Repeated Calls to Government to Stop Deportation of Disabled Child Skip to content

Repeated Calls to Government to Stop Deportation of Disabled Child

By Andie Sophia Fontaine

Protest against 11-year-old Yazan Tamimi's deportation, June 23, 2024
Photo: Jelena Ćirić. Protest against 11-year-old Yazan Tamimi’s deportation, June 23, 2024.

Another protest was held yesterday imploring the immigration authorities to reverse its decision to deport Yazan Tamimi, an 11-year-old Palestinian boy with Duchenne muscular dystrophy, and his family back to Spain. Numerous disabled rights have echoed these sentiments, stating that to deport him would be detrimental to his health, and a violation of international treaties.

A year in Iceland

Yazan came to Iceland with his family about a year ago, via Spain. The Directorate of Immigration is essentially deporting the family for this reason; the Dublin Regulation gives signatory countries the right – although, importantly, not the obligation – to send asylum seekers back to their previous point of departure.

The disability rights and childrens’ rights groups Þroskahjálp, the Duchennes Society of Iceland, Unique Children in Iceland and Rights of Refugee Children have all issued statements in support of Yazan. Þroskahjálp in particular issued a statement pointing out that Iceland is a signatory country to both the UN Convention on the Rights of Persons with Disabilities and The UN Convention on the Rights of the Child, both of which arguably supersede the Dublin Regulation.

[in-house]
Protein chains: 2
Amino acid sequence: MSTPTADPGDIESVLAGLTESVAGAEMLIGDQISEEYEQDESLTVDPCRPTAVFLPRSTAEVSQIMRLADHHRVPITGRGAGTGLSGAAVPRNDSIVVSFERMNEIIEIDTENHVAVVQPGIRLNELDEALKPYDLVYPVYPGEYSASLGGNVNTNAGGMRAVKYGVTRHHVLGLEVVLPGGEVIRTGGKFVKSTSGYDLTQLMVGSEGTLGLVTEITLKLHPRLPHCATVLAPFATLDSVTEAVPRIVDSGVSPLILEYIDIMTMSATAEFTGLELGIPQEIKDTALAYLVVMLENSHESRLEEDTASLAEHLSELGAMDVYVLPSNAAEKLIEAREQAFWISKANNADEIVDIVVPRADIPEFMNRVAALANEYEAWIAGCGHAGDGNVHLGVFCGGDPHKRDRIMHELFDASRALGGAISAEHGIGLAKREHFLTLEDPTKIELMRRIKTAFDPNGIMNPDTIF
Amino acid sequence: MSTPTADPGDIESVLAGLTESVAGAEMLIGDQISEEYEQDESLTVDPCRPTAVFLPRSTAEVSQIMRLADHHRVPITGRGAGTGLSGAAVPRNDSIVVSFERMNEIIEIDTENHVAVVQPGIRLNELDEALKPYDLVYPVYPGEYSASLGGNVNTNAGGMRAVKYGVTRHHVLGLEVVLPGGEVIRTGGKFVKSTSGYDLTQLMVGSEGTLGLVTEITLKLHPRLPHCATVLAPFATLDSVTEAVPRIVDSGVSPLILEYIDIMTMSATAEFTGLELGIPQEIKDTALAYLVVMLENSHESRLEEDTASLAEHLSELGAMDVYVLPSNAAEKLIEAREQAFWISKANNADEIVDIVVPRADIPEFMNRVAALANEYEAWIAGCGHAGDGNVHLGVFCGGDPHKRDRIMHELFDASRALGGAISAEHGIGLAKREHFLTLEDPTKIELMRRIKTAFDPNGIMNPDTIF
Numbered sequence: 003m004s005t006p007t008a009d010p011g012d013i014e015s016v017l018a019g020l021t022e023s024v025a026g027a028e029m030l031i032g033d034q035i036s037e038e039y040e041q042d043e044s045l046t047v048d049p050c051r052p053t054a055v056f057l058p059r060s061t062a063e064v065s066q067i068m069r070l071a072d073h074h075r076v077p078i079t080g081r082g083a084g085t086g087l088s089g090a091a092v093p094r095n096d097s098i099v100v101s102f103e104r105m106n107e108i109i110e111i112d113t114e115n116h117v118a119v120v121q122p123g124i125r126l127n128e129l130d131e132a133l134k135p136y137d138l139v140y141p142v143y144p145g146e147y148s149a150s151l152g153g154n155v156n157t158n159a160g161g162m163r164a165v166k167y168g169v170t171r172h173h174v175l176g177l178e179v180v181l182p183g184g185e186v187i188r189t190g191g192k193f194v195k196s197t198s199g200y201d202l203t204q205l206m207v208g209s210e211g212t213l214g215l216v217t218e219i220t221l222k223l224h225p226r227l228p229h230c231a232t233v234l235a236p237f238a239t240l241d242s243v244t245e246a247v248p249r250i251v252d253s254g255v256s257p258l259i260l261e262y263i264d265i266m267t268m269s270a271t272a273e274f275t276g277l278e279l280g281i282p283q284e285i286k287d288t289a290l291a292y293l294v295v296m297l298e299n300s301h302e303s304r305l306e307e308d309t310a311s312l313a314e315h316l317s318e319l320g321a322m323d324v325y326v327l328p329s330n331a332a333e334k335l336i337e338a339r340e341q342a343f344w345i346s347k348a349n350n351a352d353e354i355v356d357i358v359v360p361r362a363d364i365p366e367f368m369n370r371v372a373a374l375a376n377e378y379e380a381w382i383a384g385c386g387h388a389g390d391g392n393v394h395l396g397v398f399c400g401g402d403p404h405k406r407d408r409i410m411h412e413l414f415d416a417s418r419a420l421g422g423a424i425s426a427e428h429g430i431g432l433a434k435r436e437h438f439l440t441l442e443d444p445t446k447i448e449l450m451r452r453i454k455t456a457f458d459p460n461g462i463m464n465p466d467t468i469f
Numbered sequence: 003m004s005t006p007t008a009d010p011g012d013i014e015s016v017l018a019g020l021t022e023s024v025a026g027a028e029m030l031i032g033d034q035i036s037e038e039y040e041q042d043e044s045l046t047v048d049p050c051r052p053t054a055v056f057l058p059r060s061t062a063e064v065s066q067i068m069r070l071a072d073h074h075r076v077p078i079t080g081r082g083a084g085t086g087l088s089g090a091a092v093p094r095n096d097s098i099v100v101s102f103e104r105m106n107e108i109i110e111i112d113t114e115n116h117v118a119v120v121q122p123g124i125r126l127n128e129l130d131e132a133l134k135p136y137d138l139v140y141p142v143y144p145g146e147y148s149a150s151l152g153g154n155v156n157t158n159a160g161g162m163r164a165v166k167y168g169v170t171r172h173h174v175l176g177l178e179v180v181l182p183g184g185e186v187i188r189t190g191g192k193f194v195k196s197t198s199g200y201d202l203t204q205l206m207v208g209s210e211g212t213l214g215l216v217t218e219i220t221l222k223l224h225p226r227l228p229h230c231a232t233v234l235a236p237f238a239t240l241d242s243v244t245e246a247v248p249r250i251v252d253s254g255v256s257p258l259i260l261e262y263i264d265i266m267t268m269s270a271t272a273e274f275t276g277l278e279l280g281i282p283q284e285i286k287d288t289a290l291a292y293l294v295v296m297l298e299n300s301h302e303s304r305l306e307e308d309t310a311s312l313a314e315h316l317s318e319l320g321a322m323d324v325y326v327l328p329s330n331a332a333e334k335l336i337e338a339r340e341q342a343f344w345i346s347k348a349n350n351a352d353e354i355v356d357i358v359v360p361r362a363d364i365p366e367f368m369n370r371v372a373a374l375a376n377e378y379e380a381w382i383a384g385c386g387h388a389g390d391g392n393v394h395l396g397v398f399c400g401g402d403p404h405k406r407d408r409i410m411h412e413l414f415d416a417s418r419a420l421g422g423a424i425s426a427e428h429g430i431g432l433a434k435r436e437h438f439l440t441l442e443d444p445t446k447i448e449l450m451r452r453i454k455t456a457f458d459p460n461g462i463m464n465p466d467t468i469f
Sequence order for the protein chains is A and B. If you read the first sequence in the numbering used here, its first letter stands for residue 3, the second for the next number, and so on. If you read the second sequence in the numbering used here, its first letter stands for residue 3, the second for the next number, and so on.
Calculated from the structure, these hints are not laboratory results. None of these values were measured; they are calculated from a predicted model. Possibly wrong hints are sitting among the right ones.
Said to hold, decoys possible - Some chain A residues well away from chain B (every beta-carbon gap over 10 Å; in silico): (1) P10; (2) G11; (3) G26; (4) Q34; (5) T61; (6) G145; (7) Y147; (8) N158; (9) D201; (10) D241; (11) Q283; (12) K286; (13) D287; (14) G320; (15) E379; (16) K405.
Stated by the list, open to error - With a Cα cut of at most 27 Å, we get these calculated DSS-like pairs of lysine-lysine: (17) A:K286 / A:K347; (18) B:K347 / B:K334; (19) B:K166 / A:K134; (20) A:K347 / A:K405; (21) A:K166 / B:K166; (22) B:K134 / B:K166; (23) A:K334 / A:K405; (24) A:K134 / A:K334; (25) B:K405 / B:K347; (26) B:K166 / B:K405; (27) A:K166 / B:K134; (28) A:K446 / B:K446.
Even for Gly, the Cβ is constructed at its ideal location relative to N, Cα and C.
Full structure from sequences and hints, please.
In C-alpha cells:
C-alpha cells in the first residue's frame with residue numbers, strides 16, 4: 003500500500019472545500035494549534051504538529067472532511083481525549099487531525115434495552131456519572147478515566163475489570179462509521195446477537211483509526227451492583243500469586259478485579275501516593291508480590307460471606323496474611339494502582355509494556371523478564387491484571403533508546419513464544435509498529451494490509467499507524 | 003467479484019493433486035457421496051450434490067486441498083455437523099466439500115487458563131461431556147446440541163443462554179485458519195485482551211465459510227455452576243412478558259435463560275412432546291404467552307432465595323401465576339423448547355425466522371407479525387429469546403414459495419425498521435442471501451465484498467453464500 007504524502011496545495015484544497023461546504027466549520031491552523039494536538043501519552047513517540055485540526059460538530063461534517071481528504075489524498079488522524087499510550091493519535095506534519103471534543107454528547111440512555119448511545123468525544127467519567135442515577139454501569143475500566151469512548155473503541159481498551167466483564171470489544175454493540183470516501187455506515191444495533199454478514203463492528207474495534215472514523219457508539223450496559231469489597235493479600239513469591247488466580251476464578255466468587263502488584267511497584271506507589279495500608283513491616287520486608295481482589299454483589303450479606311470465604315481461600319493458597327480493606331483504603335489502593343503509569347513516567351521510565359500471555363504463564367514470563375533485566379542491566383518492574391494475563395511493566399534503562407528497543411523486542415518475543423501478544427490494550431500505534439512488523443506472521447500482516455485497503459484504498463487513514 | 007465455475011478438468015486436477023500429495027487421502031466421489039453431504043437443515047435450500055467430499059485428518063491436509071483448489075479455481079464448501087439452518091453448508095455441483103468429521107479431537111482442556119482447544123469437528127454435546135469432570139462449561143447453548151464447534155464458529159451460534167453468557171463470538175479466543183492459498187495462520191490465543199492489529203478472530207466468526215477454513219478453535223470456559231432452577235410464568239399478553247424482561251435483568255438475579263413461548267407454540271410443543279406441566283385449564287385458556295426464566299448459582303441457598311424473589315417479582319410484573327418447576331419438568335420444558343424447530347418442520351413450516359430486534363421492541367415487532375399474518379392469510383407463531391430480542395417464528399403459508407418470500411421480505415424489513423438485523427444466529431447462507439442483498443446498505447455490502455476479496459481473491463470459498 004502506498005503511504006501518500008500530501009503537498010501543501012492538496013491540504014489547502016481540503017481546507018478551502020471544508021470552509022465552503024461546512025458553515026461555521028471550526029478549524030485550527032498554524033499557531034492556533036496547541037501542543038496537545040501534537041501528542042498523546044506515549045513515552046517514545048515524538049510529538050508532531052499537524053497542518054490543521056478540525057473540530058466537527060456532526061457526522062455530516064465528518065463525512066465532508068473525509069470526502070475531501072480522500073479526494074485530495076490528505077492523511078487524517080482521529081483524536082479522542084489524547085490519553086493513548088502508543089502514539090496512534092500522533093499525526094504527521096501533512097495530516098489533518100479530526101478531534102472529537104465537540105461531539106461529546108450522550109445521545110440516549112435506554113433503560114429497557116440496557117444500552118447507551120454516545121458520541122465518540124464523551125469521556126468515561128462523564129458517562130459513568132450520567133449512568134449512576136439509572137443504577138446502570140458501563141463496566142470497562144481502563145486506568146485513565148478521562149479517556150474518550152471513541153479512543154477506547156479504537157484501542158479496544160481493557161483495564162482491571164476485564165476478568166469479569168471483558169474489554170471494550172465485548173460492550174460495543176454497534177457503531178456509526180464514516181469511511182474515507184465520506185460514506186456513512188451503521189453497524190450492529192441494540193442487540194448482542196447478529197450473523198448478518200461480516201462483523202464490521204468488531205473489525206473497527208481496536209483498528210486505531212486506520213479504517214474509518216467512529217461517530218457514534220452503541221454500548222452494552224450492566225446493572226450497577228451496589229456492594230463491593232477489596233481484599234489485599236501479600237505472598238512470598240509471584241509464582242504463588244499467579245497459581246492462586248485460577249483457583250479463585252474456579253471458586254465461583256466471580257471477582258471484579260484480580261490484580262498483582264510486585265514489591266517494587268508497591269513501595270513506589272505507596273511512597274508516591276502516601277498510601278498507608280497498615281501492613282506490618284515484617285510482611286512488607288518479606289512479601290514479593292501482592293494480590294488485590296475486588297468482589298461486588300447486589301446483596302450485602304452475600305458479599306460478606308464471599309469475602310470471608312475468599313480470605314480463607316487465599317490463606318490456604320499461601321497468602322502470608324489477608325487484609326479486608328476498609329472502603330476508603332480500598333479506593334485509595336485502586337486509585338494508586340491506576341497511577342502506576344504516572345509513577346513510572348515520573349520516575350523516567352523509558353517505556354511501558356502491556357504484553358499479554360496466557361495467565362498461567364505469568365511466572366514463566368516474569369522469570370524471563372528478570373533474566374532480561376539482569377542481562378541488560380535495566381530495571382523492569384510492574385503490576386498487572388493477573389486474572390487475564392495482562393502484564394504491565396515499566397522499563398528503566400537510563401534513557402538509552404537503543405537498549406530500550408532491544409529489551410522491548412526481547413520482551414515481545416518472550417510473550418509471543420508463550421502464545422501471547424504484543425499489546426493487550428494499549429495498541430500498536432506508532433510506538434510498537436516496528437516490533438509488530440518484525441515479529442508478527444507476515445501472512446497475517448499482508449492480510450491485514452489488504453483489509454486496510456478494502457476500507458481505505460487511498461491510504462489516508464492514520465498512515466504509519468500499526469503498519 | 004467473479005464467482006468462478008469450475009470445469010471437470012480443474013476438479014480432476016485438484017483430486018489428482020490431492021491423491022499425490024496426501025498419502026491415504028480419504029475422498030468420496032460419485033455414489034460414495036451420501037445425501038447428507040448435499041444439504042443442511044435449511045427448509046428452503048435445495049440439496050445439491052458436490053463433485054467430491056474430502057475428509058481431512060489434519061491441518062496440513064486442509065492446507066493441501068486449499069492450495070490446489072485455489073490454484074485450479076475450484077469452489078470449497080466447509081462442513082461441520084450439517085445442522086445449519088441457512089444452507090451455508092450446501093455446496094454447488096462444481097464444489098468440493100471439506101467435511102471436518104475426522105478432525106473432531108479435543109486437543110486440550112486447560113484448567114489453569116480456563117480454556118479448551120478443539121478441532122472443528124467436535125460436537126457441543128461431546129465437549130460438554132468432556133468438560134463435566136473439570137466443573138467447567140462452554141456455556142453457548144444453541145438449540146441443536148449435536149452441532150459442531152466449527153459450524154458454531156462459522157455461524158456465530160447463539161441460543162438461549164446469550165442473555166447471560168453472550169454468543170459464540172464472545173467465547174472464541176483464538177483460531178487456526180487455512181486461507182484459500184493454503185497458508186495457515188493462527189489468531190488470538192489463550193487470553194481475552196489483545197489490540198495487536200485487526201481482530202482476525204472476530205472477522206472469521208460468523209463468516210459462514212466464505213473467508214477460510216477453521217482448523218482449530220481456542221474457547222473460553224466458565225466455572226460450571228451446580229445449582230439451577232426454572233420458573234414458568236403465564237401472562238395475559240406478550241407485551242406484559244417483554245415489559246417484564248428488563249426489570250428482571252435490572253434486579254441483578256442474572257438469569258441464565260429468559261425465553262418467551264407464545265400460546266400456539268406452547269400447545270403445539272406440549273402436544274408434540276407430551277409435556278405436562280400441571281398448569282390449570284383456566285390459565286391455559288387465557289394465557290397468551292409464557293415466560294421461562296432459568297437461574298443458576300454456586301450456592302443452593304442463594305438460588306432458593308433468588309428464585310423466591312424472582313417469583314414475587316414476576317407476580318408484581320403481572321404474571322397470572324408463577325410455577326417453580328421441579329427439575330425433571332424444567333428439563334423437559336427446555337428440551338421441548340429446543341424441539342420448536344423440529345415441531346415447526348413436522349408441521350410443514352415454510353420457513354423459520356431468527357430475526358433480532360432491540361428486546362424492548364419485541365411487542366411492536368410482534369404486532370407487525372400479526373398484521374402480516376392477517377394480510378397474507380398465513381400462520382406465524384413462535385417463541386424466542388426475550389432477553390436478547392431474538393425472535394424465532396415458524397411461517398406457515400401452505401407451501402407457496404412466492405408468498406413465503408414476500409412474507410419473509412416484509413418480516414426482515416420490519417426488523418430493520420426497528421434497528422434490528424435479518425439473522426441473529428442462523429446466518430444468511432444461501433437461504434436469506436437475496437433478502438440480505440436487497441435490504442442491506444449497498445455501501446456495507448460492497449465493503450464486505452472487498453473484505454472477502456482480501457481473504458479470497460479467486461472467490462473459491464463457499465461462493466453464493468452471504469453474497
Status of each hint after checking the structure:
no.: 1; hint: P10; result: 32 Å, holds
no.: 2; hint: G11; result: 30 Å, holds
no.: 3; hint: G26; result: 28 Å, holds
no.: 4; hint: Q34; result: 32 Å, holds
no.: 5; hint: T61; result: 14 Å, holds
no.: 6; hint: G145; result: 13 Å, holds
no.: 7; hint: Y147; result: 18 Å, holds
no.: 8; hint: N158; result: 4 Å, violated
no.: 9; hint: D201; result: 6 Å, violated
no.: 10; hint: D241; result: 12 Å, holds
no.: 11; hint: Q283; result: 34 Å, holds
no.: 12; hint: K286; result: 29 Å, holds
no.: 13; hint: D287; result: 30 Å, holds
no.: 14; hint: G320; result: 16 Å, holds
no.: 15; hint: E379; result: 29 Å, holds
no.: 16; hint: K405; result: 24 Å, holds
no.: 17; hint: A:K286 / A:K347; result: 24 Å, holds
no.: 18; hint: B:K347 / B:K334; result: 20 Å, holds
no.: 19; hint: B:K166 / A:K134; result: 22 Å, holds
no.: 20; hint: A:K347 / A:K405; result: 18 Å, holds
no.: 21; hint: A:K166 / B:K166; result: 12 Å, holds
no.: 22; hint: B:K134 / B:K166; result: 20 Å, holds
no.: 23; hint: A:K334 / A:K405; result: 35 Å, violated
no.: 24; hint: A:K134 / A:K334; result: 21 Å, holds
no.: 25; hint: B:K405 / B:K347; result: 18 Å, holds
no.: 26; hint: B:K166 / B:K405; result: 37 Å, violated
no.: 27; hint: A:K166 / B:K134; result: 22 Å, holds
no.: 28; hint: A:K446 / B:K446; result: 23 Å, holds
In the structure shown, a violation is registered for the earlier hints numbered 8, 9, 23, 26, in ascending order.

An incurable illness

Duchenne muscular dystrophy is a severe form of muscular dystrophy, particularly targeting boys, with most children needing to use a wheelchair by age 12. Yazan already uses a wheelchair. There is no known cure, with most people afflicted by it having a life expectancy of around 25 years. There are, however, treatments available that can help alleviate its symptoms and improve quality of life, and those treatments are available in Iceland.

The family has no ties to Spain, has never lived there, and if they are deported there, it is uncertain how they would be able to manage. Guðjón Reykdal Óskarsson, the leading Icelandic doctor on Duchenne, recently told RÚV: “I find it strange that doctors at the Directorate of Immigration say that this is not a serious illness. If you have gone through medical school, and I have gone through pharmacology and genetics, every single textbook names this illness as particularly serious. When I heard he would be deported I was filled with fear.”

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